Unfortunately Young’s luck changed for the better a minute or two later. Carew’s return from an offside position was missed by the officials but as he laid off the ball to Young there seemed little danger. Young will probably claim that his over-hit cross was a deliberate shot – he’s that sort of player. Whatever the intention the ball sailed over Green into the top corner to restore parity.

Bennett was, by now, displaying little evidence of ever having been acquainted with the plot, giving corners instead of goal-kicks, throw-ins the wrong way and, on one occasion when Hines had been pulled back by a defender, giving the free-kick against Hines for having his shirt pulled. Despite Bennett the game was warming up nicely. Faubert got into the box and played a tantalising ball in towards the far post that took touches off two Villa defenders as Parker slid in. We then had the comedy “handball” hour with Upson’s thigh being deemed to form part of the arm by the visiting support. The handball shouts were added to those of “corner” every time we were given a goal-kick. And chants of “how much they paying you?” every time Bennett got something else wrong. That one got sung a lot.

In amongst the ref baiting, Hines was looking livelier and livelier and, capitalising on some loose play by the defence, he got himself into the left hand side of the box before placing his shot wide. He was a little bit closer when sent through again on the left by Collison, Hines shot going across the face of the goal, much to the frustration of Collison who had continued his run and was in good position in the box had Hines been able to find the pass.

Hines again was close to restoring the lead with ten minutes left. Parker’s strong run saw a lob into the box which came back out to Parker. Parker played the ball out right and Hines used the defender as a shield for his powerful near-post shot that Friedel had to be aware of to turn out for a corner.

Franco was next into the book for a tired late lunge on Carew. Agbonglahor was allowed to get in at the back but put a difficult first time shot high into the crowd. Then another moment of controversy. Spector beat Beye to the ball but was upended. The ball however went through to Noble who was in a promising position. The laws of the game say advantage should be played unless the offence warrants an expulsion – which, I suppose indirectly it did, the card being Beye’s second. However, the offence itself was only a yellow card, something that could easily have waited until the next stoppage. Beye took an eternity to walk off, despite the frantic beckoning from his manager. A word from the fourth official looked as if a trip to FA HQ for failure to leave the pitch promptly might appear in Beye’s diary sooner rather than later.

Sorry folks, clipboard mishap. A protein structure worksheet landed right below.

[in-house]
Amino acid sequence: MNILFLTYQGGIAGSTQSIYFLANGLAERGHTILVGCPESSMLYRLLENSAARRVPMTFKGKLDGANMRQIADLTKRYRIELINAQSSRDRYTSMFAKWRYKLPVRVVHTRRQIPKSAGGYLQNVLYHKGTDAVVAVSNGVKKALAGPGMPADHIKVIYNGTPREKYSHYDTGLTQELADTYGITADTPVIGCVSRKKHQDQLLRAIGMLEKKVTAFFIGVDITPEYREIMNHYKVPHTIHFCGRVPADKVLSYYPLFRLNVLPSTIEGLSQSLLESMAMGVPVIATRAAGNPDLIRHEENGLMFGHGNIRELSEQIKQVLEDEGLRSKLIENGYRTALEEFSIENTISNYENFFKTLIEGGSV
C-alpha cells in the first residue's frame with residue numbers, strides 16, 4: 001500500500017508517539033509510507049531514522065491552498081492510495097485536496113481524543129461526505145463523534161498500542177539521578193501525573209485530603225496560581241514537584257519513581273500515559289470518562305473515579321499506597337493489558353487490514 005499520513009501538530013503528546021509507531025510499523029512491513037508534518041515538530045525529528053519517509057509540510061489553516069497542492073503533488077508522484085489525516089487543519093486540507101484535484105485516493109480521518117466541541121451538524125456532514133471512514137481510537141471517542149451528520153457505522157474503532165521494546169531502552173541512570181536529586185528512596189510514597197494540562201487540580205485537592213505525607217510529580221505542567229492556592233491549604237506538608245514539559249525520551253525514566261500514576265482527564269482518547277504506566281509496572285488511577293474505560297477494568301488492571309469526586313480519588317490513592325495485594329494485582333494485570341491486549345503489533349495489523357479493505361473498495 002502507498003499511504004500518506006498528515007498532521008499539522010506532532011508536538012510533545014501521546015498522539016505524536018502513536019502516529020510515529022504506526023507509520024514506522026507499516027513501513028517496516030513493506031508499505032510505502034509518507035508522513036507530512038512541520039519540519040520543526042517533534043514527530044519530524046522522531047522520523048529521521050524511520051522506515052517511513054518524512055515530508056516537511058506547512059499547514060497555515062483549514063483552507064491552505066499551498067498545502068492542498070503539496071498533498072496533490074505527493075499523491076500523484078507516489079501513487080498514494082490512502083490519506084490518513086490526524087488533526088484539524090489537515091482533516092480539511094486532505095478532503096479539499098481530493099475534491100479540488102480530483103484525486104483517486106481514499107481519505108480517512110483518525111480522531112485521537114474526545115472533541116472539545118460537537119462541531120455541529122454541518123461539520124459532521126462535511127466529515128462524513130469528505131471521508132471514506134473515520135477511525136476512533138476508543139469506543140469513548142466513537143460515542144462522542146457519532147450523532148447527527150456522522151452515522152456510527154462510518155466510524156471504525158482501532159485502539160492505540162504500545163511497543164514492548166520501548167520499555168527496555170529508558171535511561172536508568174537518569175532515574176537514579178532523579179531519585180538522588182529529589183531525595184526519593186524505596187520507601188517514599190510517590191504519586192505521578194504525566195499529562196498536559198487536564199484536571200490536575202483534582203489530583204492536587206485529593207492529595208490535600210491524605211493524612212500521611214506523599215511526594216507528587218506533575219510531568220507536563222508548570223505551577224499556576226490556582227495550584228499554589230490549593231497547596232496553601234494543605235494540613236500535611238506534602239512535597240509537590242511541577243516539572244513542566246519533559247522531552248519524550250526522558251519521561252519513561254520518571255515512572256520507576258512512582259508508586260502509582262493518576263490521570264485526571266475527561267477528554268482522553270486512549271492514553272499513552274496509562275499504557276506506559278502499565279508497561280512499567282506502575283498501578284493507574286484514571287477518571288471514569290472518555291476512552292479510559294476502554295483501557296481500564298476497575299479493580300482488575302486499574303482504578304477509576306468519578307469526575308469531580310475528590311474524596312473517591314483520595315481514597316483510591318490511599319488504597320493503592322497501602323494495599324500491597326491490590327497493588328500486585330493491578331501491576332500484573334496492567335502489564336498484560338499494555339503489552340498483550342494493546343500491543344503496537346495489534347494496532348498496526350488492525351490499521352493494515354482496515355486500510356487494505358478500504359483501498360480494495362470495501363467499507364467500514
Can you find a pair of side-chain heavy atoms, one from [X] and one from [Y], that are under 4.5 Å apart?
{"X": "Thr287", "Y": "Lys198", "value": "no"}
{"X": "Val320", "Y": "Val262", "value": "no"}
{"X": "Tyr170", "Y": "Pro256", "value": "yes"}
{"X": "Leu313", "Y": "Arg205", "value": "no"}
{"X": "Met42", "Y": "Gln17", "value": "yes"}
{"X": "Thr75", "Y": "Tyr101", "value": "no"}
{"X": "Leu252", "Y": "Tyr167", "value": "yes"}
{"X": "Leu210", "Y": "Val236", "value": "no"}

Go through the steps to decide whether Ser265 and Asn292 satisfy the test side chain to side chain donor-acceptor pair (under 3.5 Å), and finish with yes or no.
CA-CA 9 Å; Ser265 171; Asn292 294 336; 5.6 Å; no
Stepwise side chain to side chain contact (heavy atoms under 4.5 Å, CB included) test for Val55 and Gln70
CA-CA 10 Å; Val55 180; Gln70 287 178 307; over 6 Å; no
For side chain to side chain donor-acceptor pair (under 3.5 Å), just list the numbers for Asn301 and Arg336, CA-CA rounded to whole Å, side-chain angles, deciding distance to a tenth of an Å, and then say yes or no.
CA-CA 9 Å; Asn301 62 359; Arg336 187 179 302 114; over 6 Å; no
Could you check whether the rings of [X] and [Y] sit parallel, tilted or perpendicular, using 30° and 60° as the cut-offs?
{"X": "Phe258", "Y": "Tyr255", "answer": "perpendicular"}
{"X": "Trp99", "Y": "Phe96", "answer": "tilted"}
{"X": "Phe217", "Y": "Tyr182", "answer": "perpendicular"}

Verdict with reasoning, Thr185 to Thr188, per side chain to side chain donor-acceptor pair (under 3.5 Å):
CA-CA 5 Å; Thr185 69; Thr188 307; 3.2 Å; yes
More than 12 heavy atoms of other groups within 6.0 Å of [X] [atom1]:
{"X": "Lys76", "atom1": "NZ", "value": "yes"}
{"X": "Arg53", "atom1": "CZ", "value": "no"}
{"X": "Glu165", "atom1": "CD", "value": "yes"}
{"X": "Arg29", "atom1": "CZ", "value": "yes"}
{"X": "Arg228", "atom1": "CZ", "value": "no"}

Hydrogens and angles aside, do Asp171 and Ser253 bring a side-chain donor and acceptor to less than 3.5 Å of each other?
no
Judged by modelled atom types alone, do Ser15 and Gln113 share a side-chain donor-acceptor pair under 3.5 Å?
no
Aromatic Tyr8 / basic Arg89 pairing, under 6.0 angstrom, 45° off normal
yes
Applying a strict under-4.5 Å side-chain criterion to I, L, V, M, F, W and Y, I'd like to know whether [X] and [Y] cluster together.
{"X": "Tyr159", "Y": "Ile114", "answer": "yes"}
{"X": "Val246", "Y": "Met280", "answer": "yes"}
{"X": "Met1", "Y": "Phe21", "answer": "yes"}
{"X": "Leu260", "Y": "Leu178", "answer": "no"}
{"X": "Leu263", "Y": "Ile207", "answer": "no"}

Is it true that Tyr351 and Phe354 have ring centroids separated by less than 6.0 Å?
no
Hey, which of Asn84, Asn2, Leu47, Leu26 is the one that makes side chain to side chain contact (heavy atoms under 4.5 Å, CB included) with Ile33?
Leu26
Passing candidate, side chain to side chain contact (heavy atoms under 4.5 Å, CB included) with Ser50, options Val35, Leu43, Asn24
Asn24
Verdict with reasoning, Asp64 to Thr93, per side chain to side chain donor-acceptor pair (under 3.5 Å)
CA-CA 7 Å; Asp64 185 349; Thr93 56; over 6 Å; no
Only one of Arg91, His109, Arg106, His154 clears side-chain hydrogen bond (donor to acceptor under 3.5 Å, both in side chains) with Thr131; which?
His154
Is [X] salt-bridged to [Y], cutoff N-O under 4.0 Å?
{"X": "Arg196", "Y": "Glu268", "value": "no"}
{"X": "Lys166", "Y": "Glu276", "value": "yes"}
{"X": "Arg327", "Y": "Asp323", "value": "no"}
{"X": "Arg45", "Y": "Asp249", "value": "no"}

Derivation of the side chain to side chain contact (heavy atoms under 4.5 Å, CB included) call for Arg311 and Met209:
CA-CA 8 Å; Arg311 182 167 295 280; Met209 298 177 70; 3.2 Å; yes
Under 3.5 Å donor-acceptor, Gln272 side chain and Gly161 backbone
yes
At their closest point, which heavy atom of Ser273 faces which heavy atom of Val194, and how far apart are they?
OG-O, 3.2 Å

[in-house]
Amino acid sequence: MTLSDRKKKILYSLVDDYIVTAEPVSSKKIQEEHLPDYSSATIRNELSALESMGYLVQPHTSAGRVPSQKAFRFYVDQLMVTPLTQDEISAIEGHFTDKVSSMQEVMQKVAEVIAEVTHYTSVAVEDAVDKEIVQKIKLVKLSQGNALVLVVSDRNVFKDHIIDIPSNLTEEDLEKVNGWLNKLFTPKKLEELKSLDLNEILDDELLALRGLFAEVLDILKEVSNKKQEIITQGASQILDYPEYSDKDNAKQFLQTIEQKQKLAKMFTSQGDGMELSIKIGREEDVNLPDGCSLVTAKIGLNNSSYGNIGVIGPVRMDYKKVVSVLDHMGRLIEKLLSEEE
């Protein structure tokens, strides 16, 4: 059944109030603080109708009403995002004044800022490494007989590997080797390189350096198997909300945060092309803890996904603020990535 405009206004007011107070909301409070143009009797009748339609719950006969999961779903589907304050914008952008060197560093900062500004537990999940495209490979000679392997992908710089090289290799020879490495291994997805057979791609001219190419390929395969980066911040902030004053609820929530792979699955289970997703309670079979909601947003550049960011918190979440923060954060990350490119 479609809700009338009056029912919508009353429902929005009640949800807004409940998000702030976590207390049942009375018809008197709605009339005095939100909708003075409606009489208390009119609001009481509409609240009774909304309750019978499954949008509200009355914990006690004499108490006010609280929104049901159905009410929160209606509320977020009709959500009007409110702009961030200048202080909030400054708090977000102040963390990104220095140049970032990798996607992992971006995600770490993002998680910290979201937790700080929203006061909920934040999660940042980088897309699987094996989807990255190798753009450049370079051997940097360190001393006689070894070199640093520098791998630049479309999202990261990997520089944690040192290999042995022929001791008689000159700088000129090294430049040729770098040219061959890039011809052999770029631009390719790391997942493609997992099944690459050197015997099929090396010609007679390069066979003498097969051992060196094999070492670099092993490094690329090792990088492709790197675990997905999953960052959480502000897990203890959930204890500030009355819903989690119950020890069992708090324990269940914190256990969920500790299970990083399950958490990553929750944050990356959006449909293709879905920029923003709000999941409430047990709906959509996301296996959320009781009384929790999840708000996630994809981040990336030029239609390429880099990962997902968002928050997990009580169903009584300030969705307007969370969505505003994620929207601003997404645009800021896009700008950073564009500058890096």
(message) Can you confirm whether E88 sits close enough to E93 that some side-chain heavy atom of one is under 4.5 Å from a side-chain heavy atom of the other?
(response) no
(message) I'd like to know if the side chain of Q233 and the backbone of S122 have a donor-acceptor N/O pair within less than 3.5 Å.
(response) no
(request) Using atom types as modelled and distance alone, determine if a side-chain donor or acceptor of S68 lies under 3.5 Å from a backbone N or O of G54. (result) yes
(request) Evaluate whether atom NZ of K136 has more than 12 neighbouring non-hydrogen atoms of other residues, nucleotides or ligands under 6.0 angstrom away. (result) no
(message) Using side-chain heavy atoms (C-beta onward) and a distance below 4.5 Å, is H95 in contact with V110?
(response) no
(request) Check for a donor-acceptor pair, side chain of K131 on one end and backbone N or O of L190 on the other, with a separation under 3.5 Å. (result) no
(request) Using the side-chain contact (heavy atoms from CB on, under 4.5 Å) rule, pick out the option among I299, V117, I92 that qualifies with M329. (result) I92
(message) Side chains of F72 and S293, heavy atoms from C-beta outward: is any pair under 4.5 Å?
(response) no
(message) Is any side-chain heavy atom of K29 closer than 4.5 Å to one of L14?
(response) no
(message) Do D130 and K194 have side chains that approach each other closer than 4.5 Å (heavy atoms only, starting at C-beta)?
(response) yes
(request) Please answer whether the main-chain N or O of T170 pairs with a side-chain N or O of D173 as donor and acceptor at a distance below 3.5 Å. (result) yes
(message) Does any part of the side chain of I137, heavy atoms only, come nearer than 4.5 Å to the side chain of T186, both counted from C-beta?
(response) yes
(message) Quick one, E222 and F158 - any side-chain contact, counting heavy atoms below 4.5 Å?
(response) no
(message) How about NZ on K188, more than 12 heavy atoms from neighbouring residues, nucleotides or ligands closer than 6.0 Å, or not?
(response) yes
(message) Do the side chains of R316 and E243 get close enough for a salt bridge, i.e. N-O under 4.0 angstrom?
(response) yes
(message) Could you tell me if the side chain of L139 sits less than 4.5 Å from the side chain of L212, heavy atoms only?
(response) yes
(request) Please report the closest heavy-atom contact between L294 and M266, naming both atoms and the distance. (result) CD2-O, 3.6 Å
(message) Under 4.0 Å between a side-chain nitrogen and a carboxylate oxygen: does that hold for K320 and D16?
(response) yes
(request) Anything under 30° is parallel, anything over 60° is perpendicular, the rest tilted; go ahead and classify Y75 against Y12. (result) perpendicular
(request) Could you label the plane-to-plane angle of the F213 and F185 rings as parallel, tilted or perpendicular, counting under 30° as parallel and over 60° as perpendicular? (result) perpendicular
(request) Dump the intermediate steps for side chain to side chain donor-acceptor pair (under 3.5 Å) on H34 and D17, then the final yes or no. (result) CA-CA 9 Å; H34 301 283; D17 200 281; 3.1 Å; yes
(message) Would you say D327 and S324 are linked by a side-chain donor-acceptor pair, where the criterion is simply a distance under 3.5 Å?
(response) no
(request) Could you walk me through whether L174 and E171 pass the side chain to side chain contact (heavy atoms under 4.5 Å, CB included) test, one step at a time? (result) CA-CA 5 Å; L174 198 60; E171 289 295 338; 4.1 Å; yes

The free-kick was cleared as far as Parker who made some space for himself before shooting harmlessly wide. Villa decided that, with 10 men, they needed to withdraw a striker to bolster things defensively and Carew came off to be replaced by Luke Young. Obviously O’Neill didn’t see the DVD’s of the Fulham or Sunderland match. The ten-man thing was worrying us in our part of the ground. Still it was only for four minutes.

We pushed forward and it took a fine save from Friedel to keep out Noble’s 30 yard effort. Franco then almost got on the end of a pass from the left, just failing to make the connection count. It was the General’s last effort of the day, Jiminez replacing him with three left on the clock.

Jim’s first involvement was to play a nice flick down the line to send in Hines who won a corner. Jim’s second involvement was to take the corner and a dreadful one it was at that, a short effort that gave Noble no chance and the ball eventually rebounding for a goal kick.